Company Relocations disrupting Houston’s office space market

The days of H-town’s tenant-dominated market might be numbered


Thanks to an avalanche of relocations, the Bayou City’s office market seems to be bounding back to pre-pandemic levels.

Houston’s office market experienced an uptick in net absorption during the first quarter of 2022 — the first one since before March 2020, according to the Houston Business Journal. Reports analyzed by the Journal revealed that The Woodlands, the Westchase area and the central business district led the Houston area.

The opening of new-to-Houston Healthstore Holdings’ 125,384-square-foot office in Millennium Tower marked the end of eight quarters of negative absorption in Westchase.

The city’s office market absorbed a net of 22,343 square feet citywide in the first quarter of 2022, according to JLL. One of the most notable moves was Hewlett Packard selling its old 66-acre campus to an up-and-coming liquor distributor, Mexcor.

Though leasing volume remains below pre-pandemic levels, overall office space demand in March increased more than 11 percent year over year, according to JLL. But even with the uptick in demand, landlords are still pushing aggressive concession packages, including rental abatement and generous tenant improvement allowances.

“Although the office market remains heavily tenant favorable, key indicators such as positive net absorption and upticks in leasing activity and office-demand-driving jobs reflect that the sector is headed toward recovery,” JLL said.

Sign Up for the undefined Newsletter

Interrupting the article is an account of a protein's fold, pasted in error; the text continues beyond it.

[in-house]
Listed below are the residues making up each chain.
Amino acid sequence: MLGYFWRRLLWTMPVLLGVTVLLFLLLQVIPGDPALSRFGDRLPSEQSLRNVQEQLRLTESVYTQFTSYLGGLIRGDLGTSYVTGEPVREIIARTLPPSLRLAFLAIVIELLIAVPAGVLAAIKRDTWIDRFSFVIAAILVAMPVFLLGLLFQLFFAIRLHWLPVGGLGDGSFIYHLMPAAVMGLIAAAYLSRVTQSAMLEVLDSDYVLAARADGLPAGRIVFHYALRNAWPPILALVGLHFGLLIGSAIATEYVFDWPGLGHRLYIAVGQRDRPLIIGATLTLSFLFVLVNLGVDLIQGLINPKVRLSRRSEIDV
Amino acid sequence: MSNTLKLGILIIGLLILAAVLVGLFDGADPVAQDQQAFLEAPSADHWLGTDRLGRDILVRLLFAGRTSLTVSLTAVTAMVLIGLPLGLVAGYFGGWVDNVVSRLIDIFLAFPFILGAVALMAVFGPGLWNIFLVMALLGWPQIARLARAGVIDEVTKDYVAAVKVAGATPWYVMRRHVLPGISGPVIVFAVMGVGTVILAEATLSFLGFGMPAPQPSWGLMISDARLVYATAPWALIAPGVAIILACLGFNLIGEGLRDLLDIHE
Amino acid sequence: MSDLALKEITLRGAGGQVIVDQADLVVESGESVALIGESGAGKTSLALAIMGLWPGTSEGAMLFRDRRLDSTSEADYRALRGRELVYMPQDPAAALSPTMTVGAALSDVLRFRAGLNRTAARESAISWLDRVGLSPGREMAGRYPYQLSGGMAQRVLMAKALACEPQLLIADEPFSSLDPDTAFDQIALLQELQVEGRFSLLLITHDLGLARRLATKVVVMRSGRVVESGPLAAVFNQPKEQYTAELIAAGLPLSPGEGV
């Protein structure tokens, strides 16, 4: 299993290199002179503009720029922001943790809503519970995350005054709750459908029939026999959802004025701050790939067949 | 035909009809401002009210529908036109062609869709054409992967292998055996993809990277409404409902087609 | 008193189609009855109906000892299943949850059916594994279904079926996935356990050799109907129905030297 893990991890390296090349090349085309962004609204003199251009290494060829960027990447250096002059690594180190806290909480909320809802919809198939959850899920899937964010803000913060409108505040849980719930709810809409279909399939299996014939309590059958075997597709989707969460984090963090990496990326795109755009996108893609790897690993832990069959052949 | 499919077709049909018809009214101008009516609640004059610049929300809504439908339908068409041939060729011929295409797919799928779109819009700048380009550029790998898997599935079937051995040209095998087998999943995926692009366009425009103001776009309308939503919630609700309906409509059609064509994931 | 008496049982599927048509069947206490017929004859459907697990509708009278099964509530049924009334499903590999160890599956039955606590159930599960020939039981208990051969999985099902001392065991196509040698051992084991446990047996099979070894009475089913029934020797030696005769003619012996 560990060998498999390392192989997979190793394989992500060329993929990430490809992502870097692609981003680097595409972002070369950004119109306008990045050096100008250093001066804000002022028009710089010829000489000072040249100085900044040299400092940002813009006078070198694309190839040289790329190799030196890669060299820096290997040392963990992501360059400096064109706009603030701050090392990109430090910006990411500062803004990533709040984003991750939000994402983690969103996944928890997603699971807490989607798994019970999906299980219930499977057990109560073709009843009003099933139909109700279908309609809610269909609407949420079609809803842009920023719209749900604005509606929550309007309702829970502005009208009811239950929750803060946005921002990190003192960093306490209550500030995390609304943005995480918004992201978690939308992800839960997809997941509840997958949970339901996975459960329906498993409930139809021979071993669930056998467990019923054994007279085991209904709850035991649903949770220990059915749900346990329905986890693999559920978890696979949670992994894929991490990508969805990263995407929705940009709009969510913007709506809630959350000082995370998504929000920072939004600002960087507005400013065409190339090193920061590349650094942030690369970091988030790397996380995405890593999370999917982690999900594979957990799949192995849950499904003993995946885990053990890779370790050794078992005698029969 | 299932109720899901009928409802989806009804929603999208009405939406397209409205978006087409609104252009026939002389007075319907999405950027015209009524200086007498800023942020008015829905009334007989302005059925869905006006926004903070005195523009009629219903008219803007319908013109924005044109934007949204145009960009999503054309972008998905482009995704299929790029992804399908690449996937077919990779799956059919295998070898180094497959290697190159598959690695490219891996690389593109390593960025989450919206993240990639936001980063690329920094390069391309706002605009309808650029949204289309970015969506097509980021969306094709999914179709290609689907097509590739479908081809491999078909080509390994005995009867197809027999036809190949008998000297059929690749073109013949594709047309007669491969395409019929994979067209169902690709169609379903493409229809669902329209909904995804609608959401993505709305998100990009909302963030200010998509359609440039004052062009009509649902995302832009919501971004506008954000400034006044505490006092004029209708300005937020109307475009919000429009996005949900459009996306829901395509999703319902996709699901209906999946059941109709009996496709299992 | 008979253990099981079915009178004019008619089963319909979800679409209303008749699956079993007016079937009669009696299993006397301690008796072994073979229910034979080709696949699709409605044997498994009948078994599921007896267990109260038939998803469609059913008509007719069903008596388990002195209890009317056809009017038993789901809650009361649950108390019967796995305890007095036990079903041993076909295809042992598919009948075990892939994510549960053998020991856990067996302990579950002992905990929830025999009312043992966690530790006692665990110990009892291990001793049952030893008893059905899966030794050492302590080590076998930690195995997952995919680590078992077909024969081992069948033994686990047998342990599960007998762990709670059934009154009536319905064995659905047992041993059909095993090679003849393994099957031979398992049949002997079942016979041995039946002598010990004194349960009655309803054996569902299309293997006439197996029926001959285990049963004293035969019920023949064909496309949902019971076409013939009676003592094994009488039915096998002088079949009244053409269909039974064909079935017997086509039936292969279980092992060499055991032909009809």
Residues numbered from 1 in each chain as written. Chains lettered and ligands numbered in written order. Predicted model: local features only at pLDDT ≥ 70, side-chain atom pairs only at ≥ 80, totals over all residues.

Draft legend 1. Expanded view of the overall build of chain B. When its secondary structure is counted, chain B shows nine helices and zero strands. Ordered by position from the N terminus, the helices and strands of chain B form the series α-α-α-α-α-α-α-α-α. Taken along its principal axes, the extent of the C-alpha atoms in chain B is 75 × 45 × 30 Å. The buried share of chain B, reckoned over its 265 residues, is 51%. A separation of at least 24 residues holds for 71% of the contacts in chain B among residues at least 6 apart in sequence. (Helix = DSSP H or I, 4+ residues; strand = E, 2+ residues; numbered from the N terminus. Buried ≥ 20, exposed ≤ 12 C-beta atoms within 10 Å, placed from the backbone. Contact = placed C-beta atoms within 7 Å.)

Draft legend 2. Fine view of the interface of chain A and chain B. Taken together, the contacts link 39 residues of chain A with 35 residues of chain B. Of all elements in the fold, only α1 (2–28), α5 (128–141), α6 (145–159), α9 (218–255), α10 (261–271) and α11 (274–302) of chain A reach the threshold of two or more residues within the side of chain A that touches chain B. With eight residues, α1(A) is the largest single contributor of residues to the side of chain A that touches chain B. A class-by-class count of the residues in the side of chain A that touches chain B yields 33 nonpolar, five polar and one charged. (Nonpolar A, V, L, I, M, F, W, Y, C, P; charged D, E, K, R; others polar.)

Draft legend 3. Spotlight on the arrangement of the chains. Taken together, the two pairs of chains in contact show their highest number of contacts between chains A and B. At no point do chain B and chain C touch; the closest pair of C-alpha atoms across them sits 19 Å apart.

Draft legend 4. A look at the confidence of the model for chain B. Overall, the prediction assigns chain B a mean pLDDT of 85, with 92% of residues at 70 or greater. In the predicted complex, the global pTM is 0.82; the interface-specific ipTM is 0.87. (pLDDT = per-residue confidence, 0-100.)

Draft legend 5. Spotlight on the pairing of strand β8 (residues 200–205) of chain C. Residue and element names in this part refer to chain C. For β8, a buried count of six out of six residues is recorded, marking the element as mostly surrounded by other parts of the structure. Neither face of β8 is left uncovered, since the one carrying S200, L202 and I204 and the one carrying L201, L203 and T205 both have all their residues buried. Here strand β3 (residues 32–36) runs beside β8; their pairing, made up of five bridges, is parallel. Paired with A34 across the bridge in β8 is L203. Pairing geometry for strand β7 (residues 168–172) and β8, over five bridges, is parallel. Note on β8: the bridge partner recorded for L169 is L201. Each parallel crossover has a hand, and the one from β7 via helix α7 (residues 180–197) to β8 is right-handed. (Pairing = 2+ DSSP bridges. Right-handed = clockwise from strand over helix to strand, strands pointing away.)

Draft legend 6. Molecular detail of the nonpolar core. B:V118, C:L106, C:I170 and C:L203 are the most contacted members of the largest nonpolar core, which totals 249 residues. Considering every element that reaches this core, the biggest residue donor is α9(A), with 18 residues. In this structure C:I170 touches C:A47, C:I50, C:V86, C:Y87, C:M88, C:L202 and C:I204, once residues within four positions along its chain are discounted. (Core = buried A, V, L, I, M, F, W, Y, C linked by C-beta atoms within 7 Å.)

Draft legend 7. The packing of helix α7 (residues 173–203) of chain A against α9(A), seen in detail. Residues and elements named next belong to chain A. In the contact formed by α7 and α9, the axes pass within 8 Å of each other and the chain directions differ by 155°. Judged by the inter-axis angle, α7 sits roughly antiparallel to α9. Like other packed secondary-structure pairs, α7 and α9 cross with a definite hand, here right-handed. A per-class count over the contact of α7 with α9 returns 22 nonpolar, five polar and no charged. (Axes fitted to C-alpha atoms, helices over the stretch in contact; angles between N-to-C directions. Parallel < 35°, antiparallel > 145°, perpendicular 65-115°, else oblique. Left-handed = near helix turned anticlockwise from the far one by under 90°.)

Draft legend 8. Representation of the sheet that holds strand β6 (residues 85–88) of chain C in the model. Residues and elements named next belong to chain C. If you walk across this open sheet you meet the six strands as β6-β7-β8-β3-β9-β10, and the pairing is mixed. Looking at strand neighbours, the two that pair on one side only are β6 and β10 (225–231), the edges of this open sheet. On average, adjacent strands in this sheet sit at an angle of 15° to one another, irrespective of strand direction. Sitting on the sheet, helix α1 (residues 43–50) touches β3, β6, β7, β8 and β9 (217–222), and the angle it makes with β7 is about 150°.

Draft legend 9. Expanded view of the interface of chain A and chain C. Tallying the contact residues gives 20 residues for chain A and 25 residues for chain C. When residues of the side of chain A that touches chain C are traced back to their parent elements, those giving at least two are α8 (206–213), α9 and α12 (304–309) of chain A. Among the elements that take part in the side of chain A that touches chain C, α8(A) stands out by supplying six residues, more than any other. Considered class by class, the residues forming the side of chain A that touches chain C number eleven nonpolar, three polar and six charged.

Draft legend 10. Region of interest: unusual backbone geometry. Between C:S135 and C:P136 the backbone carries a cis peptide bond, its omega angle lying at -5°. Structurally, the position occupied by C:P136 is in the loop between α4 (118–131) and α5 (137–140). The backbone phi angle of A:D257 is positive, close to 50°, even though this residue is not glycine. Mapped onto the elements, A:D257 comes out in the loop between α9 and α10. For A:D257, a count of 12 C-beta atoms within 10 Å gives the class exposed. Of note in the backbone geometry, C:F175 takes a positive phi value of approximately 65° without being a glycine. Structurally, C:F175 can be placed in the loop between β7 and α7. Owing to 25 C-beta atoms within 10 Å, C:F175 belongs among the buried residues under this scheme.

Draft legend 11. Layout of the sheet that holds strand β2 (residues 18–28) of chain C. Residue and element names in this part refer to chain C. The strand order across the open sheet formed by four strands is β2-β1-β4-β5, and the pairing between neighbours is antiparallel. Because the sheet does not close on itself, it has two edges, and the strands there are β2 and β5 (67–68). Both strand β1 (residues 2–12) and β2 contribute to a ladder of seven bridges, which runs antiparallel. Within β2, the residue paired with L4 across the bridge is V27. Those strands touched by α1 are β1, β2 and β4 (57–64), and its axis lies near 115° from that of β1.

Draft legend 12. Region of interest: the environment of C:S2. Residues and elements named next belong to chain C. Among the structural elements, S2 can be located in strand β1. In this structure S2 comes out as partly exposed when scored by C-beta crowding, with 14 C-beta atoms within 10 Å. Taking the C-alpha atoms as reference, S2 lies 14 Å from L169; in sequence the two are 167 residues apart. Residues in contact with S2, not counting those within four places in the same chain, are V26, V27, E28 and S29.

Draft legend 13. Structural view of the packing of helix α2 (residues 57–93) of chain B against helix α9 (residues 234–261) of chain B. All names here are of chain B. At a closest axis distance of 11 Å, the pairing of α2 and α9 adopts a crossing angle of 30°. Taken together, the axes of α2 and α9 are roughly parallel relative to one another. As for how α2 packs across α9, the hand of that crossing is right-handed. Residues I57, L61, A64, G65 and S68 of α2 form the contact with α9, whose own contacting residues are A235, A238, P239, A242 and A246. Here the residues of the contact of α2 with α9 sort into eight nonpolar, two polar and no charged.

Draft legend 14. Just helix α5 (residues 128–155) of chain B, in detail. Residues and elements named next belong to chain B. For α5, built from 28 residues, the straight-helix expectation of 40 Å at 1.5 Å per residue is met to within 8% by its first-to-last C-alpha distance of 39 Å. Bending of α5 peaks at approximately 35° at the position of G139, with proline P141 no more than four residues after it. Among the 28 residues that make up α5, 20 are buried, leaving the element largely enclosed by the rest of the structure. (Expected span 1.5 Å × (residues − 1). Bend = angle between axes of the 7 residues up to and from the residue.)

Read more

The wave of relocations helped push direct vacancy levels down by 70 basis points to 24.9 percent. One of the biggest relocations of Q1 was Canadian natural gas company, Enbridge. In March, the company inked a massive, 9-floor sublease in Houston’s Energy Corridor.

Sublease availability remains elevated at 7.7 million square feet — just below the pandemic peak of 8 million square feet — says D.C.-based investor Madison Marquette.

In Houston, 85 percent of companies have employees who are returning to their offices or who are planning to do so, the Wall Street Journal reported. Though experts say office occupancy is set to hit a ceiling due to hybrid work models, which has left many commercial real estate firms unsure about the future.

Houston’s office development pipeline currently has nearly 820,000 square feet underway, says Houston-based CRE firm Transwestern. The largest project is Skanska USA’s 28-story 1550 on the Green tower near Discovery Green downtown.

[HBJ] — Maddy Sperling